January’s mark major anniversaries for me and I usually feature a retrospective of my career on my social media. I began this blog last year and got waylaid by the busy-ness that the pandemic caused in my business. So here I will continue from where I left off.
Calgary, circa 1996-7. In my second year living in Calgary I had landed a visiting artist job teaching ceramics at the art college for a year, which is what my lengthy education actually did qualify me for. One morning, walking to work, I thought; all of that work, all of that study and here I am heading to yet another job that I hate. WHAT!!!!??? Was the point!!!! I wanted to be a potter of that I was sure. The pure joy I felt in the studio made that an easy realization. Doing the math; if I was selling my pots for $500 in the gallery with the gallery taking half, to make a decent living I would need to sell 200 of my pots. But first I would have to make 200 pots of that size. Both the selling and doing seemed unattainable for someone starting out, so I joined the potters’ association and started talking to potters who were actually making a living from their pottery. My takeaway from my on the ground research was 1. work in series with identifiable patterns, 2. offer variety of forms and 3.make less expensive things too! One of my new friends from the Banff Residency was a potter from Australia who had had a successful career (we’re talking 6 digits some years) on the Gold Coast for decades. While at Banff he had looked at my process, the intricate hand carving and cajoled my artist ego in to realizing if I wanted to go forward solely as a potter I was going to have to make some moulds of work with the decorative surface carving completed so I could reproduce more efficiently. Now I’d made and used moulds for most of my creations in the past, the kicker was what I was making moulds of. I remember I walked around for a year with my hands in front of me saying “nothing bigger than 12 inches”. I took my friend’s advice and started making press moulds like crazy (technical note: a press mould is used with slabs of clay pressed in to it, this is not the slip-casting of liquid clay technique growing popular today and used in the paint-your-own-pottery shops).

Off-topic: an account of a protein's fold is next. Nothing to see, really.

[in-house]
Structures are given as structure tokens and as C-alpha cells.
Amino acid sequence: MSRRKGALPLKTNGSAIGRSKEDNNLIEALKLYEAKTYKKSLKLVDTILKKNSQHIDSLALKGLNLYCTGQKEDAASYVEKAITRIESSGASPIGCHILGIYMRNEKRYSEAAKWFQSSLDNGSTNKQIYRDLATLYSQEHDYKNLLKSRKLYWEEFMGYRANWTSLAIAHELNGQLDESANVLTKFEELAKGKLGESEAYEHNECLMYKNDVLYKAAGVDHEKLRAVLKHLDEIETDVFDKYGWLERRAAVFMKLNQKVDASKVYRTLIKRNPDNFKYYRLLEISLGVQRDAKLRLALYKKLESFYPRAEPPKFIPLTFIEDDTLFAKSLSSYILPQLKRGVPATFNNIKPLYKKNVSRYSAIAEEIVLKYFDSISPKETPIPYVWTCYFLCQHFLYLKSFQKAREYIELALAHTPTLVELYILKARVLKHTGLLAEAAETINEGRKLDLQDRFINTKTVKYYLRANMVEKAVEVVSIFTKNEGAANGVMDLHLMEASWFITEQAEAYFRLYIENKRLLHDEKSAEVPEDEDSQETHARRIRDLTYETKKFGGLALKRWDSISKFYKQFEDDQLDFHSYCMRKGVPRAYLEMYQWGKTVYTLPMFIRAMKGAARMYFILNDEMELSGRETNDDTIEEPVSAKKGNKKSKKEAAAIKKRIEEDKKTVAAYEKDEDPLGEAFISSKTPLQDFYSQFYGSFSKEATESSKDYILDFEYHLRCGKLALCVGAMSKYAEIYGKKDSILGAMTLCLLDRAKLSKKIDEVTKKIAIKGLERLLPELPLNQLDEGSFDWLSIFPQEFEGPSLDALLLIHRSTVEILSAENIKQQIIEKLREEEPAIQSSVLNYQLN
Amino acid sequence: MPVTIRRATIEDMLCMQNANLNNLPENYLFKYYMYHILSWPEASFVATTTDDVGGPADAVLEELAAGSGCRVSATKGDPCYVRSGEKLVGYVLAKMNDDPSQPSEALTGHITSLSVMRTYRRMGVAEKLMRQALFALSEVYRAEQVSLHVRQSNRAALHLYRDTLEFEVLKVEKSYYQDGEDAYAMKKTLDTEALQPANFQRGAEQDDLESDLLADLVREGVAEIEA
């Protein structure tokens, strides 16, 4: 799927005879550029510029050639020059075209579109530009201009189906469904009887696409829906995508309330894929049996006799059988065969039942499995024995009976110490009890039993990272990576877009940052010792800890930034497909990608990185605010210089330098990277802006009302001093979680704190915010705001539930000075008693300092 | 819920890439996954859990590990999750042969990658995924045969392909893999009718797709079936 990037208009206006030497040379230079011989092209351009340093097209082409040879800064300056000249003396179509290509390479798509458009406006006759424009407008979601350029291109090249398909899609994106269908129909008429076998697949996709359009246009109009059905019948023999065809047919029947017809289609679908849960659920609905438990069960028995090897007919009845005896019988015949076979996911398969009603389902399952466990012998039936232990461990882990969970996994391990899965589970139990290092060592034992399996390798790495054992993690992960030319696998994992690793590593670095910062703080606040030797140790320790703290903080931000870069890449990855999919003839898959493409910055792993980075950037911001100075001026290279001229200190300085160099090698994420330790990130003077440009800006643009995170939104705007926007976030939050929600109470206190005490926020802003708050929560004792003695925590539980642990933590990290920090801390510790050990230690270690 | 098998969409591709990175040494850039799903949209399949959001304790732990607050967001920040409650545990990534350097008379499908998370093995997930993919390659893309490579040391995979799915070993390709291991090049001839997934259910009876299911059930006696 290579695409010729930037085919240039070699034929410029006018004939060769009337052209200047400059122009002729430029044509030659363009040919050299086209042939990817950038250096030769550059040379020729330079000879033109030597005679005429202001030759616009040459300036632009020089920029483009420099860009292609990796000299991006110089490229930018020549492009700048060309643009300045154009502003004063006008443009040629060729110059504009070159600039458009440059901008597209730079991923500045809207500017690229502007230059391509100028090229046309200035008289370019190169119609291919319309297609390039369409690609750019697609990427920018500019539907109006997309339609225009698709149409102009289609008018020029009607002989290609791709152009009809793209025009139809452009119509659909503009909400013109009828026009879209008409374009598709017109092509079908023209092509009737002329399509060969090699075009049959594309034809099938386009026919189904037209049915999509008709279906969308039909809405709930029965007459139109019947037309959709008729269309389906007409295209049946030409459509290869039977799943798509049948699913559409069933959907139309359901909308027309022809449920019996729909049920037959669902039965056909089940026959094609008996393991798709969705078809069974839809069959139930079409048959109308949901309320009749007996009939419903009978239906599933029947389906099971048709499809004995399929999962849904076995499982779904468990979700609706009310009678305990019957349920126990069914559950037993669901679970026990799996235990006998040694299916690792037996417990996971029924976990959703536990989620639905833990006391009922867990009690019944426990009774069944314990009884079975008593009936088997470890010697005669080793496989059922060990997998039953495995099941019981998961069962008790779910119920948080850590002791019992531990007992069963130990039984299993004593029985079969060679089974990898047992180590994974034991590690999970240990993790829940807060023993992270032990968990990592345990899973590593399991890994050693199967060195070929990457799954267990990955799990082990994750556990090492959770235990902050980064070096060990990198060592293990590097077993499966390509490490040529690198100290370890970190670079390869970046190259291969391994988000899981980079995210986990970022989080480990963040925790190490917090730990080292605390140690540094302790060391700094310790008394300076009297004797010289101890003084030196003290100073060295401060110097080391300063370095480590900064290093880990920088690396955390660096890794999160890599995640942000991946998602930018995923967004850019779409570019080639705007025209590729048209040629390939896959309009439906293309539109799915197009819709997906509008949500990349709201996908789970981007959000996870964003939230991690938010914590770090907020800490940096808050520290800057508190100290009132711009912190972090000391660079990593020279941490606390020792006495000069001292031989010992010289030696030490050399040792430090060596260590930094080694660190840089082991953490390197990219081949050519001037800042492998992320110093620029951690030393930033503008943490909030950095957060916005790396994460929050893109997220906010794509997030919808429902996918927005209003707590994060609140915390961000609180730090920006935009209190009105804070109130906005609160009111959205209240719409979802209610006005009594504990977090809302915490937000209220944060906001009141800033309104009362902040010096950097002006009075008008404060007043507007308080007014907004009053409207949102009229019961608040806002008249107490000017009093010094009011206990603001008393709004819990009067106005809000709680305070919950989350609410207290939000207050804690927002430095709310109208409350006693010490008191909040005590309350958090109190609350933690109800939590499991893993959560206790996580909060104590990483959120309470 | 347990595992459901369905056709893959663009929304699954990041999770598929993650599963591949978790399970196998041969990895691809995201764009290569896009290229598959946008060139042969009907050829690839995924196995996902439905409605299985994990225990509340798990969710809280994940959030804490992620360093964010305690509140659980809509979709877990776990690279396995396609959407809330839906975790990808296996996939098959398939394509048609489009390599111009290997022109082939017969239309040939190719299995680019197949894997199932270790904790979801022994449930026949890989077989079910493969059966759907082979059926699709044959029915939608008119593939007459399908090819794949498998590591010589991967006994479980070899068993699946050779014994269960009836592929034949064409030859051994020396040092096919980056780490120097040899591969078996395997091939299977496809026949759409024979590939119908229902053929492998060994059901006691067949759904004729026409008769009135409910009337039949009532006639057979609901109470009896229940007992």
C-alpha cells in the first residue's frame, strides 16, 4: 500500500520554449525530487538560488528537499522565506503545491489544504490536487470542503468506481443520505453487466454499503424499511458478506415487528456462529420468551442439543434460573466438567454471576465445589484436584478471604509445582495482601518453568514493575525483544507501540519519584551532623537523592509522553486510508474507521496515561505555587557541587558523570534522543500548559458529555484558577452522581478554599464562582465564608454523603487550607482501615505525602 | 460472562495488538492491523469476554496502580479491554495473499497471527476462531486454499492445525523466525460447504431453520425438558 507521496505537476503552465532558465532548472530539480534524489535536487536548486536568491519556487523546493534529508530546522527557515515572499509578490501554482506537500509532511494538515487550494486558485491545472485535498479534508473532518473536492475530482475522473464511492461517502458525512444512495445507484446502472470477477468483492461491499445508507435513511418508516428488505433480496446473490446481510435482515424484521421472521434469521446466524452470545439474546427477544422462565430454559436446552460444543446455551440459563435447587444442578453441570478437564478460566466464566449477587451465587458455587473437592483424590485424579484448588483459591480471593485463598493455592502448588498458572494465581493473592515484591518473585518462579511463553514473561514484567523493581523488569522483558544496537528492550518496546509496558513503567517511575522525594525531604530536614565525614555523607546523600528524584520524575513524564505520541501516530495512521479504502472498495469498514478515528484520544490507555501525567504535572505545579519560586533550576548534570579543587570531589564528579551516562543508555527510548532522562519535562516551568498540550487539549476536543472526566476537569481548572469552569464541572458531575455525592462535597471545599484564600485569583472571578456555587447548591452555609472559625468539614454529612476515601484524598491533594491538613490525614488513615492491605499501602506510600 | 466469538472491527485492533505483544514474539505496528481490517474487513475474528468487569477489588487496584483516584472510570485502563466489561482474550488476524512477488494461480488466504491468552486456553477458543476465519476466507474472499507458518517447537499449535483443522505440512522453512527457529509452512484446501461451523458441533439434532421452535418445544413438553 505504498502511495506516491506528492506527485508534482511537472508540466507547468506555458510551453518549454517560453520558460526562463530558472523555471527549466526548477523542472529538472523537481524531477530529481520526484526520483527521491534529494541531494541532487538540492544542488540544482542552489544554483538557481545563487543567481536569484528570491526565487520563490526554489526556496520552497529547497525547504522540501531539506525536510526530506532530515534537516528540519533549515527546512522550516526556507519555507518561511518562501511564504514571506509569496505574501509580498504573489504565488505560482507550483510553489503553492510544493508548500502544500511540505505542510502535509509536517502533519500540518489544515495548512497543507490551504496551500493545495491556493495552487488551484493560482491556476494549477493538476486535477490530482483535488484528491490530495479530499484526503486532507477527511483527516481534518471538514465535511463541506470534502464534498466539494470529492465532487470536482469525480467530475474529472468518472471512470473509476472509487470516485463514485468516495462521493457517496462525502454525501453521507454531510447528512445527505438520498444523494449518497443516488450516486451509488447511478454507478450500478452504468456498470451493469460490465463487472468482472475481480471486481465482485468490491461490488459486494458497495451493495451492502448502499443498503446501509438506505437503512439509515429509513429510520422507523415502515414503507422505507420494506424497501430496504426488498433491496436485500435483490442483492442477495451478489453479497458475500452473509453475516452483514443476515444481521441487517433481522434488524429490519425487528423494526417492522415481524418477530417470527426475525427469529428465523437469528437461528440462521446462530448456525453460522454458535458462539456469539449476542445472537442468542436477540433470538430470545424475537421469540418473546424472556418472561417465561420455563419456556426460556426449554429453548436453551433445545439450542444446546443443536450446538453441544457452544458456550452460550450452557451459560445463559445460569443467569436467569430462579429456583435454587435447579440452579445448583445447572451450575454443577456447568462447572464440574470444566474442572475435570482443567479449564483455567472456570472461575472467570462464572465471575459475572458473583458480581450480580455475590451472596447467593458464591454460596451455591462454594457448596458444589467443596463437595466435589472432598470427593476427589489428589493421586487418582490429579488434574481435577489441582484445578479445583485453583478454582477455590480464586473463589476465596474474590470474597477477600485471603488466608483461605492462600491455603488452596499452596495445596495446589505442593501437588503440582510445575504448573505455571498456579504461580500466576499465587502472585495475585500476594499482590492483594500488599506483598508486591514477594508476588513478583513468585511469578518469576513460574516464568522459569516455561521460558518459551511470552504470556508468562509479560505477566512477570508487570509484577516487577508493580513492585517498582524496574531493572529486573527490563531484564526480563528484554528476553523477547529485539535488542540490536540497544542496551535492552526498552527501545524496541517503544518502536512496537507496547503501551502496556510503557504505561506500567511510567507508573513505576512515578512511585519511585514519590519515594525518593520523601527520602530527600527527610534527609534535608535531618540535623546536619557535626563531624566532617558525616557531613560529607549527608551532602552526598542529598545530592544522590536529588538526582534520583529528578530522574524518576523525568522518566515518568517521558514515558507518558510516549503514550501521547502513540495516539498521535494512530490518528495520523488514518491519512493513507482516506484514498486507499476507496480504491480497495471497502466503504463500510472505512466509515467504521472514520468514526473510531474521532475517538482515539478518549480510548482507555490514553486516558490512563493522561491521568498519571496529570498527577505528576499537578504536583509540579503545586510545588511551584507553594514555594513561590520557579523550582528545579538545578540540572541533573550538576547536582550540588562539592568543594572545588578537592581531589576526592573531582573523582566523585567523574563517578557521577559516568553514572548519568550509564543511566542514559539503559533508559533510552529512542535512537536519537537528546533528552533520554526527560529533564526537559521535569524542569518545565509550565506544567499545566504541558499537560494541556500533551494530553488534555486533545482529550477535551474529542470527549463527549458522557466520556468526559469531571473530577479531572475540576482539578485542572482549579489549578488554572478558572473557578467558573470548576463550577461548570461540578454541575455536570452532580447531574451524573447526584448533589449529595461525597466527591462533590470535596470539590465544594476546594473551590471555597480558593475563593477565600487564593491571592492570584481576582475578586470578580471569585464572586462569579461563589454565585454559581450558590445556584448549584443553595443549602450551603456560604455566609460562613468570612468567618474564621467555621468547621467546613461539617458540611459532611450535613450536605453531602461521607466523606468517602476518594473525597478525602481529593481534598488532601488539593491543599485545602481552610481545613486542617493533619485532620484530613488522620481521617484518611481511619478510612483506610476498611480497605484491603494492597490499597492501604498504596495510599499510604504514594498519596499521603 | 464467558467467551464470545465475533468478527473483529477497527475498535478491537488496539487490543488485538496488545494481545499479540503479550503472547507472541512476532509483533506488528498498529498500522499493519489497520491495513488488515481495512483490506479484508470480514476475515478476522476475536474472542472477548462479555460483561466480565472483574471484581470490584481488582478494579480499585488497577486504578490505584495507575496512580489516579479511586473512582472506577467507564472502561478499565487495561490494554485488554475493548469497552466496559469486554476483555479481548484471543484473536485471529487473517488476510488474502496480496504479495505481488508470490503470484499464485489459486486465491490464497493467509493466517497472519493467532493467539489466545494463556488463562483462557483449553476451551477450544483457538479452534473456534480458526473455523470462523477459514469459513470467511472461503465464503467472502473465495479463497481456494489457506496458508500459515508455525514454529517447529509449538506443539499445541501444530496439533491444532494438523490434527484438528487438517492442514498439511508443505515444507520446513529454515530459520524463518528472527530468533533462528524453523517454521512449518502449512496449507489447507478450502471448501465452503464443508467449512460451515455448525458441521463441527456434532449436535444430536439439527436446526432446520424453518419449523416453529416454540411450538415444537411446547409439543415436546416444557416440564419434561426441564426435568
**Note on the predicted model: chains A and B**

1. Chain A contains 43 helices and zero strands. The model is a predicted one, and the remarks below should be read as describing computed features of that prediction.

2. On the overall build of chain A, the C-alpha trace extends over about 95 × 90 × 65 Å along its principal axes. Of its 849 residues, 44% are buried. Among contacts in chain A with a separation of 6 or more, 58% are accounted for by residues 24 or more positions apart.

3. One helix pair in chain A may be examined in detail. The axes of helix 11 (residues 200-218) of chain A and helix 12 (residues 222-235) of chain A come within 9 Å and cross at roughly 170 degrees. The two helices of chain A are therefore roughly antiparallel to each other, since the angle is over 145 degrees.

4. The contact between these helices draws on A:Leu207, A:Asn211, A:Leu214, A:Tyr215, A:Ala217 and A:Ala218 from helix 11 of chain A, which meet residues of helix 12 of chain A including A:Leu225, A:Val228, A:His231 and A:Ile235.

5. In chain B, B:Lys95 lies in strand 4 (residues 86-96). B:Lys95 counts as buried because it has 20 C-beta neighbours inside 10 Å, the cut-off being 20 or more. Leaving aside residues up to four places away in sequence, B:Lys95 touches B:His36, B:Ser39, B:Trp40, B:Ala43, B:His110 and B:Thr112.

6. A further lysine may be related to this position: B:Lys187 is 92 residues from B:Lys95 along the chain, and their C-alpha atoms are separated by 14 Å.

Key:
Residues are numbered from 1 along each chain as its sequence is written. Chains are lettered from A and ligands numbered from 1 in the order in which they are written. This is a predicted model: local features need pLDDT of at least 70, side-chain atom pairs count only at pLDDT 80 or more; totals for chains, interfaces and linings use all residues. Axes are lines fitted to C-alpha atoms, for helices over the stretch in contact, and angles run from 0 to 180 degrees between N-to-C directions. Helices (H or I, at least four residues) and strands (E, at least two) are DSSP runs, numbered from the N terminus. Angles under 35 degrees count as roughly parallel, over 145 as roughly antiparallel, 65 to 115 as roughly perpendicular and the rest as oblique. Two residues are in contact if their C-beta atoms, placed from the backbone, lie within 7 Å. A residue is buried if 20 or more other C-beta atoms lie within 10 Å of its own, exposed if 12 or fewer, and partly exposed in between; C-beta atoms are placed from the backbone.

I may have reduced the scale of my work, but I made up for it in volume of pieces. I thought I had to make dinner ware to be a potter. I designed 2 patterns, one named after the arabesque and the other named after the wintergreen wildflower. The glazes were from my MFA thesis exhibition adapted to electric kiln firing (I actually received a grant from the Canada Council to make this transition). I rented 2 rooms in the basement of the home of one of my (mature) former students, using one as my studio the other was my bedroom and paid for the hook up of my new kiln in my roommate’s garage, 12 steps up and across the backyard from my studio. I bought my own slab roller, potters' wheel and built enough ware shelves to accommodate a business (all of which are still in my studio). I stayed here for 3 years, $400/month plus extra for electricity for the kiln (still pre-boomtown Calgary). And that is how I began my business, Arabesque Pottery, in 1996.
A note on the name of the business: from previous work you will know that an arabesque is a decorative stylization of the life energy force. I was teaching an evening continuing education in Calgary at the time I began my business and would ask the class what they thought of my business name ideas; Mountain Wildflower Pottery? Two thumbs down. Arabesque Pottery? Two thumbs up. And so it went. My friend, Yin Hoskins, an award winning graphic designer created my logo, which I love to this day.
My first hard wall booth at a wholesale trade fair in Toronto, 1997.